With namespace-level tenancy, a single control plane manages all the application instances and worker nodes used by all tenants of the cluster. The cluster's control plane contains configuration information for all tenant application instances running on that cluster. Anyone with cluster administration access can view and change configuration information for all tenants of the cluster.
Advantages of namespace-level tenancy
This architecture is appealing for a number of reasons:
- Single-tenant applications can be used in SaaS deployments by using namespace controls to run isolated application instances for each tenant. The application does not need to be modified for SaaS use, because the cluster provides multi-tenancy control.
- The impacts of bugs and vulnerabilities within the application or application components are contained to a single tenant running in that namespace.
- Individual tenants can have customized deployments, making it easier to add features to a select set or add third-party integrations.
- Resource consumption is easy to view at the level of an individual tenant.
- The resources available for scaling the application up or down can be optimized at the level of a single tenant.
- Application changes can be managed flexibly at a granular level. The cadence of new releases and patches can be optimized on a per-tenant basis.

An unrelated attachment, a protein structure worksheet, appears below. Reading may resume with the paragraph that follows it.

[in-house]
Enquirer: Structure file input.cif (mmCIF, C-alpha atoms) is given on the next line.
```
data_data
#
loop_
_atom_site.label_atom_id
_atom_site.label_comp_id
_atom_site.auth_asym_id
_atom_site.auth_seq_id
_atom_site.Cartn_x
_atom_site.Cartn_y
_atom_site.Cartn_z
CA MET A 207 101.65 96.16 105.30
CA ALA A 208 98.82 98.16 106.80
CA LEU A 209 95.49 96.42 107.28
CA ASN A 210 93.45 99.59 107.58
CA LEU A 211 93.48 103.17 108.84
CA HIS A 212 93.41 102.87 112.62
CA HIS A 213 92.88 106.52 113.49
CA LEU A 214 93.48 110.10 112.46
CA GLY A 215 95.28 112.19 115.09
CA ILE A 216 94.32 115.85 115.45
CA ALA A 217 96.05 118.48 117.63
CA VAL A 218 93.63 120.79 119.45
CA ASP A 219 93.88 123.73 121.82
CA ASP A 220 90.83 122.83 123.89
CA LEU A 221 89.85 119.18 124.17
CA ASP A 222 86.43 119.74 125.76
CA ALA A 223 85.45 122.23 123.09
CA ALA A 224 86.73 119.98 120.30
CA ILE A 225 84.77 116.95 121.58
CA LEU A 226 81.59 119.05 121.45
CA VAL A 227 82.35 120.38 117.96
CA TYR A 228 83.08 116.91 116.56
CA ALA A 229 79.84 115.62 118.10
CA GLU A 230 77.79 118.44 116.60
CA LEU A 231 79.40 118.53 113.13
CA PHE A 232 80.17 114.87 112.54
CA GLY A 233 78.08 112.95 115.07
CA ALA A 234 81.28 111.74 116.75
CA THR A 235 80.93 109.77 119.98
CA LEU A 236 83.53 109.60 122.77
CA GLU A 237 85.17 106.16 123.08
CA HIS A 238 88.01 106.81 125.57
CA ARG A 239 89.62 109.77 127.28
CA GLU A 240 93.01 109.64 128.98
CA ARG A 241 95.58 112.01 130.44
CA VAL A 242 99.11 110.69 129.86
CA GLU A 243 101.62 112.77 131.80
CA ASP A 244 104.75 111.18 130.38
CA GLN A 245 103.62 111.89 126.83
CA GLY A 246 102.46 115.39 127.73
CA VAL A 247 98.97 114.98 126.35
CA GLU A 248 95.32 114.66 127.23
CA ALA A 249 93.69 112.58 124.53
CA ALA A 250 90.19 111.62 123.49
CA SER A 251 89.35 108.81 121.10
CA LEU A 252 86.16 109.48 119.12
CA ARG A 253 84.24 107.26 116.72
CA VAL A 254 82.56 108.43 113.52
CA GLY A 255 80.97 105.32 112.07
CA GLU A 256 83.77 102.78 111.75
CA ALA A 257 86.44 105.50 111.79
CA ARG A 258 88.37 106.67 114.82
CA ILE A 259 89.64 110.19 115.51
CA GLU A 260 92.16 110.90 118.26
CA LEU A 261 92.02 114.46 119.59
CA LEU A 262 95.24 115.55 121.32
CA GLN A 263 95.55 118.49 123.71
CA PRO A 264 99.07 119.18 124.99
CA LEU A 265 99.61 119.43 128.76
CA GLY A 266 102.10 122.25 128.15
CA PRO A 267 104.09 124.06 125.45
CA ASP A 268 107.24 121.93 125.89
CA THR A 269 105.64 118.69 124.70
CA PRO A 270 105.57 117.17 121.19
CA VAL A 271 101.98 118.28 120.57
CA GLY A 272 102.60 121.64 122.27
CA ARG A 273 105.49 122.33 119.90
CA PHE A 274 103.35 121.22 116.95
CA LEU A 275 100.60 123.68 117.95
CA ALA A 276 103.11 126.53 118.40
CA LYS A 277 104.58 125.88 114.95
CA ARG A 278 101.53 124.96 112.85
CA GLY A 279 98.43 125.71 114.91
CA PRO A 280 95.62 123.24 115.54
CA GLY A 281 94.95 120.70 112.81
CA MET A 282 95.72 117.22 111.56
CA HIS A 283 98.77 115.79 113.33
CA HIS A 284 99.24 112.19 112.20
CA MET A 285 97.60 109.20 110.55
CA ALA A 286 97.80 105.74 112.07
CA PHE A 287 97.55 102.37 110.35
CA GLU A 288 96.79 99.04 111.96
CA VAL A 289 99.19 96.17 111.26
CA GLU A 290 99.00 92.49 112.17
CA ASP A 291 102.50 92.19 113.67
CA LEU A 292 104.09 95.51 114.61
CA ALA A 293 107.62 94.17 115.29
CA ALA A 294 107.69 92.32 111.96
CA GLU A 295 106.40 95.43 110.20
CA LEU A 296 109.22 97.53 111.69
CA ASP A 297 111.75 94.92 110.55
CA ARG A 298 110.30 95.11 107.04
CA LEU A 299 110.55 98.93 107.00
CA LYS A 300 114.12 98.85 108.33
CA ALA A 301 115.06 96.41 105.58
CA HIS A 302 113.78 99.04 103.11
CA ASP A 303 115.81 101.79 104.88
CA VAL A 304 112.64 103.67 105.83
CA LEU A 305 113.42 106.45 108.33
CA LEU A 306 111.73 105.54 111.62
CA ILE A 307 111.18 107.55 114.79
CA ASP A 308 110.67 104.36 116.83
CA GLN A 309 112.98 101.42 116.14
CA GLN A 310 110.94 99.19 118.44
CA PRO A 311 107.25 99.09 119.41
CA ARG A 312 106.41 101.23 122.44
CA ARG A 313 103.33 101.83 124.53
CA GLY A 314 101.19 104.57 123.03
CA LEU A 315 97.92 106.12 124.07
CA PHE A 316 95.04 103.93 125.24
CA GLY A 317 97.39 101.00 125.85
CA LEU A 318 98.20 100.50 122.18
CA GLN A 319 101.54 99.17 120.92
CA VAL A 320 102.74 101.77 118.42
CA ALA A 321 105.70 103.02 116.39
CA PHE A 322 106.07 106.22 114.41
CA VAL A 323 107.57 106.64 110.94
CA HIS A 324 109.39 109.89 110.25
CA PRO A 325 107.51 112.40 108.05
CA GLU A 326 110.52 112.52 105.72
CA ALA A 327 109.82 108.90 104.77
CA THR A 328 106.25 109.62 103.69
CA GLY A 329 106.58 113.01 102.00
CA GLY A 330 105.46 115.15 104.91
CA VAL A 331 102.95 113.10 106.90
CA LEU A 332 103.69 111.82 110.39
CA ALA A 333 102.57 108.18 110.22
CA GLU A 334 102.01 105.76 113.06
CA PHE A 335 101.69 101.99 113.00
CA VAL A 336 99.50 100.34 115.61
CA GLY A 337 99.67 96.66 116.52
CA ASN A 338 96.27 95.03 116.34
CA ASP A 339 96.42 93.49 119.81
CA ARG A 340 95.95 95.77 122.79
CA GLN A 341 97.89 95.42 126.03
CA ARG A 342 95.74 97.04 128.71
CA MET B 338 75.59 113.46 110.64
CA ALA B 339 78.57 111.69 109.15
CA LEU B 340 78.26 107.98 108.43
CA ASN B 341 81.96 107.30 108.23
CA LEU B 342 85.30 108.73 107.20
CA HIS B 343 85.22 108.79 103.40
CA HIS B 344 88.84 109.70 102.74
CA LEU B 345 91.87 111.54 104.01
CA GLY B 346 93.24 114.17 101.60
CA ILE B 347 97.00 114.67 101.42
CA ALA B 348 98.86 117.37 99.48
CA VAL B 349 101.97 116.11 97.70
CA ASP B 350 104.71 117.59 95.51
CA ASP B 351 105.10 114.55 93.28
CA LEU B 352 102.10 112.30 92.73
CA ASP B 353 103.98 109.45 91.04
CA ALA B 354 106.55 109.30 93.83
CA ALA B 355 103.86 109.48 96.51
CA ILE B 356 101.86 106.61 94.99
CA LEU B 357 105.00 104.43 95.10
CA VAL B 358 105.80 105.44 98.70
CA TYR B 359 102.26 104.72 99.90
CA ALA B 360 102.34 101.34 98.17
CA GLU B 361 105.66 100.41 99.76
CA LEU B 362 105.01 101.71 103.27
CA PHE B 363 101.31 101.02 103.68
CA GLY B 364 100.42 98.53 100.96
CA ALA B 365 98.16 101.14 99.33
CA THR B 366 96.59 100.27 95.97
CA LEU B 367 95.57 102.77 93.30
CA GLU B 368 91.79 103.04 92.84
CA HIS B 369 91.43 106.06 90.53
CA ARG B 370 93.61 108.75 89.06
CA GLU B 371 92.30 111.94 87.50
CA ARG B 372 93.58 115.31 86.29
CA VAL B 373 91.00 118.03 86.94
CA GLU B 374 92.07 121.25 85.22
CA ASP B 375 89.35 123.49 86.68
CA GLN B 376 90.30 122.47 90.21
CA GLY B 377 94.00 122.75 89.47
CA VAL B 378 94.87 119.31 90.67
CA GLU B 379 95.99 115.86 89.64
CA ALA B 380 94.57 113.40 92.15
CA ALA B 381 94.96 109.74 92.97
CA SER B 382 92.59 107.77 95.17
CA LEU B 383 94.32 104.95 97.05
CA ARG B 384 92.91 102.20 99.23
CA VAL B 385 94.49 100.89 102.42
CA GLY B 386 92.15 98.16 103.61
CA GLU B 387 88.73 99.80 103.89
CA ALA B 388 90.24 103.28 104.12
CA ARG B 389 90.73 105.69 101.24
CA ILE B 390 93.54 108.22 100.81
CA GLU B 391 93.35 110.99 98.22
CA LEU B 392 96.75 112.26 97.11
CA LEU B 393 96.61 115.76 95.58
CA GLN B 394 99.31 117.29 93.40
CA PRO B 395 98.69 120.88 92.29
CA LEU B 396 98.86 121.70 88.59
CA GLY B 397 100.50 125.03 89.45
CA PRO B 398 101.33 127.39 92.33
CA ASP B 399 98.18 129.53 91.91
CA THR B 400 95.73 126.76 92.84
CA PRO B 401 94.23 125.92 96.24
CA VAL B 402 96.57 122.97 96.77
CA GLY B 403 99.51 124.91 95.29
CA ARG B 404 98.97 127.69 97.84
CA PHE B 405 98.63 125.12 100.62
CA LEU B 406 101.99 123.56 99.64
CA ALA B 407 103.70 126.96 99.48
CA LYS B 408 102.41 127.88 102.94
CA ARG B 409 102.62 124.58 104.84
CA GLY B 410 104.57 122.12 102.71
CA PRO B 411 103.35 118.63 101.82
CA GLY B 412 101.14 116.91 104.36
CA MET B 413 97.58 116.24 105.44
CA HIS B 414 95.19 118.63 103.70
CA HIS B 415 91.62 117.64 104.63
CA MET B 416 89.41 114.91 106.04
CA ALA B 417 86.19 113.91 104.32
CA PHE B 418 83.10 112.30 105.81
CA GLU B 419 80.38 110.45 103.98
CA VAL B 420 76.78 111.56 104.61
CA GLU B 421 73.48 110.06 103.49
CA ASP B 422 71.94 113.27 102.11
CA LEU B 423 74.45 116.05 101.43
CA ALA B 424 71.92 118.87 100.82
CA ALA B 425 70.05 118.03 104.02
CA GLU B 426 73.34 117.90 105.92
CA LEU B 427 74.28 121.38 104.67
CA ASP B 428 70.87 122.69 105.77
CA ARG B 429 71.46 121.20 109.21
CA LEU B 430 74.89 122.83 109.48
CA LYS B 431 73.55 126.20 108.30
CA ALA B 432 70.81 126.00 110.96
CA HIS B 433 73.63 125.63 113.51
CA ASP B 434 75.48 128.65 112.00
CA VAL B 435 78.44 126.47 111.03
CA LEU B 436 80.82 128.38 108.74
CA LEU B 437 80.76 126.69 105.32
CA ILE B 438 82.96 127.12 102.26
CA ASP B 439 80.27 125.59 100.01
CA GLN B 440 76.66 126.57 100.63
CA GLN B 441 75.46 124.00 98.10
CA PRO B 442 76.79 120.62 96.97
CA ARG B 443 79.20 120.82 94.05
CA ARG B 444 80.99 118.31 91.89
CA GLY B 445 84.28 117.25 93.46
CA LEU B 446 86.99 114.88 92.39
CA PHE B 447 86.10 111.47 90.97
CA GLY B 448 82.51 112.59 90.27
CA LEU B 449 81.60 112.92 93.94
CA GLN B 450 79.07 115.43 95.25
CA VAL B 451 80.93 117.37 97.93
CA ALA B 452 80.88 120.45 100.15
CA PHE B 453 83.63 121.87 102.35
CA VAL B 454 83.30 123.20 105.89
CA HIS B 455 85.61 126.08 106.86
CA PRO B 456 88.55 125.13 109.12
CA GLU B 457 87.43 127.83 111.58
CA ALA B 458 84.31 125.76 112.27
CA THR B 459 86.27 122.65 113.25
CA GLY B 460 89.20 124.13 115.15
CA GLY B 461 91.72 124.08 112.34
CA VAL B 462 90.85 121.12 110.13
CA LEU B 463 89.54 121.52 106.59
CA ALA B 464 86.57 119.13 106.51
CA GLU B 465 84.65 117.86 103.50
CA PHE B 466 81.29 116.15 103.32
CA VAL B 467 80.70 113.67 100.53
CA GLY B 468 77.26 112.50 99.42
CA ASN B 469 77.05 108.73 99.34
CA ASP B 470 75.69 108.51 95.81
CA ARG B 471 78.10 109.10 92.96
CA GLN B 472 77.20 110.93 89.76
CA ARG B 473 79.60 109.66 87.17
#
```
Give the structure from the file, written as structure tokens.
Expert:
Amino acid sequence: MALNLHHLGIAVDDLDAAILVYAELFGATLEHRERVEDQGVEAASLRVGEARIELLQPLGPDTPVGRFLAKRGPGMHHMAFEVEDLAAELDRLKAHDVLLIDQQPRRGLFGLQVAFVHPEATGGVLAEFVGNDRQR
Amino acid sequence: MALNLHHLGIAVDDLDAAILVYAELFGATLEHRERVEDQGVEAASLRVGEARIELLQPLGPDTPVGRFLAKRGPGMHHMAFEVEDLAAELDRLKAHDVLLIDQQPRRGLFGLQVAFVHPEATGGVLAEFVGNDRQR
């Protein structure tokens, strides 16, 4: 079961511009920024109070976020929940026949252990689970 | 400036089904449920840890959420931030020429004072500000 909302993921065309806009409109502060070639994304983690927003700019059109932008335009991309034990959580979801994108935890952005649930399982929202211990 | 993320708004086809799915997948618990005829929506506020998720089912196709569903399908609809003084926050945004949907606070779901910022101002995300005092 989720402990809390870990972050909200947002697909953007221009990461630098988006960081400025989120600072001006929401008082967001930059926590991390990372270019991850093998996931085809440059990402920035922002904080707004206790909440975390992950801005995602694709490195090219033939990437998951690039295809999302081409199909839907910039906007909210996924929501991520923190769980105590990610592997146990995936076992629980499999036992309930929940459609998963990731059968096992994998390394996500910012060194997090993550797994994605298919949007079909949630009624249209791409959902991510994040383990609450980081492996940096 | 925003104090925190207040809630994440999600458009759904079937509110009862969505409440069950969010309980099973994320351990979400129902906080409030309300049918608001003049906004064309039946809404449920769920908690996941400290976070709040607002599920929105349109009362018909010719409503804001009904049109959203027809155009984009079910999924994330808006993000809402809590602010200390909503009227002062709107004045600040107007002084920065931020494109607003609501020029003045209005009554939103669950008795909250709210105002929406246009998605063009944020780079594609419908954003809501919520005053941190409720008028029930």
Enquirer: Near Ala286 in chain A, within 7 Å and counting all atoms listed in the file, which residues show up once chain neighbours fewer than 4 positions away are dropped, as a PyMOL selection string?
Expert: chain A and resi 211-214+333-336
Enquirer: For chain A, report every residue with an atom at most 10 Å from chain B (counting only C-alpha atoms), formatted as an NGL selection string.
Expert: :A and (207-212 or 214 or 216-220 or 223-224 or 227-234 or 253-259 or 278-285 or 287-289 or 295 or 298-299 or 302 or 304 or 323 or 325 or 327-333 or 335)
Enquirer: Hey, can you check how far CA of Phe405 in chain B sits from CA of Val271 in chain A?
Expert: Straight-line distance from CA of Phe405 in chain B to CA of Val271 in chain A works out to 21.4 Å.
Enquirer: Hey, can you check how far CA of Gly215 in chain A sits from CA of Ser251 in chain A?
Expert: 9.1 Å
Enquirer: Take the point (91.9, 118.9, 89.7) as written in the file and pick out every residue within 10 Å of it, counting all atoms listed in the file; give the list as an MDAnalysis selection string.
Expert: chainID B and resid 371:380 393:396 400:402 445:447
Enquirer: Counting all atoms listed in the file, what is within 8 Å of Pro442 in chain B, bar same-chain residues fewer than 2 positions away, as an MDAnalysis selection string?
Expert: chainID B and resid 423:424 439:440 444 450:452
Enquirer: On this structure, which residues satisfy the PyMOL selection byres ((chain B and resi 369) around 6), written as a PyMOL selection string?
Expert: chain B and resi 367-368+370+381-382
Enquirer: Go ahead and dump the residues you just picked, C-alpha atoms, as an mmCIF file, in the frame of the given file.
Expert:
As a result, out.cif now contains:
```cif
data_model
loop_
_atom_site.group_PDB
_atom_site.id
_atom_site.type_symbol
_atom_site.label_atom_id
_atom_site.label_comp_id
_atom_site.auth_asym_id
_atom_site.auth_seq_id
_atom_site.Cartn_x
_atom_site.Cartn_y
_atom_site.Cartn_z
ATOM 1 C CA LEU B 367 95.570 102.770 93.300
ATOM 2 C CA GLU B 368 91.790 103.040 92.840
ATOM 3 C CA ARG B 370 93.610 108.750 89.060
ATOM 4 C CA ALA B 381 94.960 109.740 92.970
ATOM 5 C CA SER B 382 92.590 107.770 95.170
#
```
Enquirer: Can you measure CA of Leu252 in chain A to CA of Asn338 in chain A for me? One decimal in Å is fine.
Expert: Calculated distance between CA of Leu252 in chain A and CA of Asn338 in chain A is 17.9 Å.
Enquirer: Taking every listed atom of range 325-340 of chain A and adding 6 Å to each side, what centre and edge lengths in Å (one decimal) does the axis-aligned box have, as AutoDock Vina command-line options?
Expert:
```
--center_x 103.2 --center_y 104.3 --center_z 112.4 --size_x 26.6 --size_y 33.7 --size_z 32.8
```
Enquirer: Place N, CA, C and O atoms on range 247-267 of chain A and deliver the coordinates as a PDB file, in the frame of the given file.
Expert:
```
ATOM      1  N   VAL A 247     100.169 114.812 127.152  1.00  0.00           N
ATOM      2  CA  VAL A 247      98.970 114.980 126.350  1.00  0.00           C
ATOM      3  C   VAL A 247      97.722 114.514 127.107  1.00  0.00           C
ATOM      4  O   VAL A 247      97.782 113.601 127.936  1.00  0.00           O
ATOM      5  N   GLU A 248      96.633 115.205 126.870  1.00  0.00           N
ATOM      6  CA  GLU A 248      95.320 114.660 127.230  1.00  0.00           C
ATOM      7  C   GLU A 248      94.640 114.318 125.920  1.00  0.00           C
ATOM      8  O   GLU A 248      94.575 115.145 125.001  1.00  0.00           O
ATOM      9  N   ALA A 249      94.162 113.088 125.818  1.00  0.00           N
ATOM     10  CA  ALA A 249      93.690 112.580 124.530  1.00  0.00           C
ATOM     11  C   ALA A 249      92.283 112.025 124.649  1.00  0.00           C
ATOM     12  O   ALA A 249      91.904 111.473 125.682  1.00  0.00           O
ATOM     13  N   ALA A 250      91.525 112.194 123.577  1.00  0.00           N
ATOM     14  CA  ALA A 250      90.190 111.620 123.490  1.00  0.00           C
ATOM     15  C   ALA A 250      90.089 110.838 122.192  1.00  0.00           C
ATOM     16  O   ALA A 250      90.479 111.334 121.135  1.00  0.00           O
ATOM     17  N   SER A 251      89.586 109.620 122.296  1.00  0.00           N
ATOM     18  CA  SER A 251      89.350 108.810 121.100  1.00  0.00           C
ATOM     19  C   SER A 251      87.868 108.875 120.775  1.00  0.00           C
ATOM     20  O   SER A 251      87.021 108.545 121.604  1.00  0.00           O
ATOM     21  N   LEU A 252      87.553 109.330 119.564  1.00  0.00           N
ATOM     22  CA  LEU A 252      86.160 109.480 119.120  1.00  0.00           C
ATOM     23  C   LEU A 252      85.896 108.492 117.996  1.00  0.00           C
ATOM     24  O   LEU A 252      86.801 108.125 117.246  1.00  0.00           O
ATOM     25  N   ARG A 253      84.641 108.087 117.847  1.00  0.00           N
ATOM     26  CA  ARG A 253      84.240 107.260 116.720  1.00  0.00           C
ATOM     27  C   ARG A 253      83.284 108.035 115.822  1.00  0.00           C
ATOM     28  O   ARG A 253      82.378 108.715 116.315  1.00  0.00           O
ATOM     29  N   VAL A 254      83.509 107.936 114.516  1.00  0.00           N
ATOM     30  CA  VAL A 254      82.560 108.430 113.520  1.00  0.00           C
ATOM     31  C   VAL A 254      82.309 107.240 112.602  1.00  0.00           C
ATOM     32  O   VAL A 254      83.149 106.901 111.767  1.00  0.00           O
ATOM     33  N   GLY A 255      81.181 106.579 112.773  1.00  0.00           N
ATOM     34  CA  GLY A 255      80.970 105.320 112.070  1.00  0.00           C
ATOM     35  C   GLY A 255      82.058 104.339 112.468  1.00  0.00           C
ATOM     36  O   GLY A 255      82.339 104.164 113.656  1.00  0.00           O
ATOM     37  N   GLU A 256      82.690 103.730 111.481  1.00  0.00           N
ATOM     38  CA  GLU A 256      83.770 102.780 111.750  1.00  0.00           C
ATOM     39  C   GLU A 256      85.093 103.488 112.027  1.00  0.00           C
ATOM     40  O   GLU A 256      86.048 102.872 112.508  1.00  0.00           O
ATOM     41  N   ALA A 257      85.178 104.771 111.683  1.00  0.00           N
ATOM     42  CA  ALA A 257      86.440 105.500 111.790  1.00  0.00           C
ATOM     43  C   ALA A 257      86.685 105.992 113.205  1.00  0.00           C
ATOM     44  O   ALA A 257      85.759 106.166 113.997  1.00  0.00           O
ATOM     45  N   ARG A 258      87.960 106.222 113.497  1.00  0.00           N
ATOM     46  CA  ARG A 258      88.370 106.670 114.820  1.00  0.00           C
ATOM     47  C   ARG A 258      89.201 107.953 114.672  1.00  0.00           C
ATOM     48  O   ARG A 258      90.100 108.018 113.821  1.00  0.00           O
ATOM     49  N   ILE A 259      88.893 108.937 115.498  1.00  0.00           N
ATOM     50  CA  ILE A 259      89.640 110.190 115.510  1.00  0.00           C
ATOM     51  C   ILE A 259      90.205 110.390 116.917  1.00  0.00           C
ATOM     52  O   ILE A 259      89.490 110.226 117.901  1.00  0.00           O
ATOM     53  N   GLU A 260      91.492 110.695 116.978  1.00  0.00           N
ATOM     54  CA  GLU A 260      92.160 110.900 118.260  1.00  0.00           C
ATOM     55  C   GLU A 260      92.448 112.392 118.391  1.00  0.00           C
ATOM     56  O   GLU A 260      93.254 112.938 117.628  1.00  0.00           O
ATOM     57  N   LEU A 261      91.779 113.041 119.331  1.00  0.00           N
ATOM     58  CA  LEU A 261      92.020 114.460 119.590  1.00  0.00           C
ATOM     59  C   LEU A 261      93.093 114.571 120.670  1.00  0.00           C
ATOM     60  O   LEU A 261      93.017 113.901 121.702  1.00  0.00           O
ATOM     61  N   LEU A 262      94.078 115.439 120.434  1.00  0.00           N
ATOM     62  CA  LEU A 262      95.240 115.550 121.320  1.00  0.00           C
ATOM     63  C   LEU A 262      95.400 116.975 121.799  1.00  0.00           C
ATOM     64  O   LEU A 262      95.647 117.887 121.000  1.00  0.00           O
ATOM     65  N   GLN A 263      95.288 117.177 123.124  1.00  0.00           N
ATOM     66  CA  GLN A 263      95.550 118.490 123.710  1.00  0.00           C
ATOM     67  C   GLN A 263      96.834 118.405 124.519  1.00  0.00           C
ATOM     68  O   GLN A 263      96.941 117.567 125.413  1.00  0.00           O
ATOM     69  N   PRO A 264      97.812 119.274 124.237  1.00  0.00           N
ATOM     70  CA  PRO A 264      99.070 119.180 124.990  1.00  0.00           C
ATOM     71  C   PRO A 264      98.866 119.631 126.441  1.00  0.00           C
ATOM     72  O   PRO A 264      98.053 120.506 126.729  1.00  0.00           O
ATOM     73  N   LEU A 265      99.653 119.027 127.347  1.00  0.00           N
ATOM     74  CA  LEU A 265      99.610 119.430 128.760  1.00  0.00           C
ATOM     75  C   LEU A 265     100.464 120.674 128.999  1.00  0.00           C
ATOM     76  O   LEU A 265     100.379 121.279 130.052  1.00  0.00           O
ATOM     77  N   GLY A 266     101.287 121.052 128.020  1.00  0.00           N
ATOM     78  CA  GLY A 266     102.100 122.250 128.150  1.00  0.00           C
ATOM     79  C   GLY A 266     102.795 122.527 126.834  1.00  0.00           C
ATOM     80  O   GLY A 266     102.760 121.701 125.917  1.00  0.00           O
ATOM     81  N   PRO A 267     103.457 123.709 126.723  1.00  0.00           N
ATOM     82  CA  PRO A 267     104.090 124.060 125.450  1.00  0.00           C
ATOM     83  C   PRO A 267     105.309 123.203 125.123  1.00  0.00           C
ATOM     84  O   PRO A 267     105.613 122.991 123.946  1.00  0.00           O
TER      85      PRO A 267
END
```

Disadvantages of namespace-level tenancy
However, there are reasons why you might decide not to use this architecture:
- Deployment density is lower and infrastructure costs are higher than in application-level tenancy, because the cluster has to run multiple application instances that are not shared. In the simplest case, a complete application stack is run for each tenant.
- Tenant onboarding requires the cluster to create a new project or namespace along with the necessary services deployed with it. However, this process can be automated.
- Cluster-wide scaling and resource management can be more challenging, because changes might be necessary for each namespace or project.
- Change management at the cluster level still has potential impacts on all tenants.
Utilizing namespaces with Red Hat
Red Hat OpenShift has a number of features that improve security and isolation beyond what is available in upstream Kubernetes. These controls provide additional protection for namespace-level tenancy:
- Security-enhanced Linux (SELinux) provides mandatory and discretionary access controls for files and processes at the operating system level, going beyond the default mechanisms in Linux.
- Security context constraints limit the capabilities of individual containers.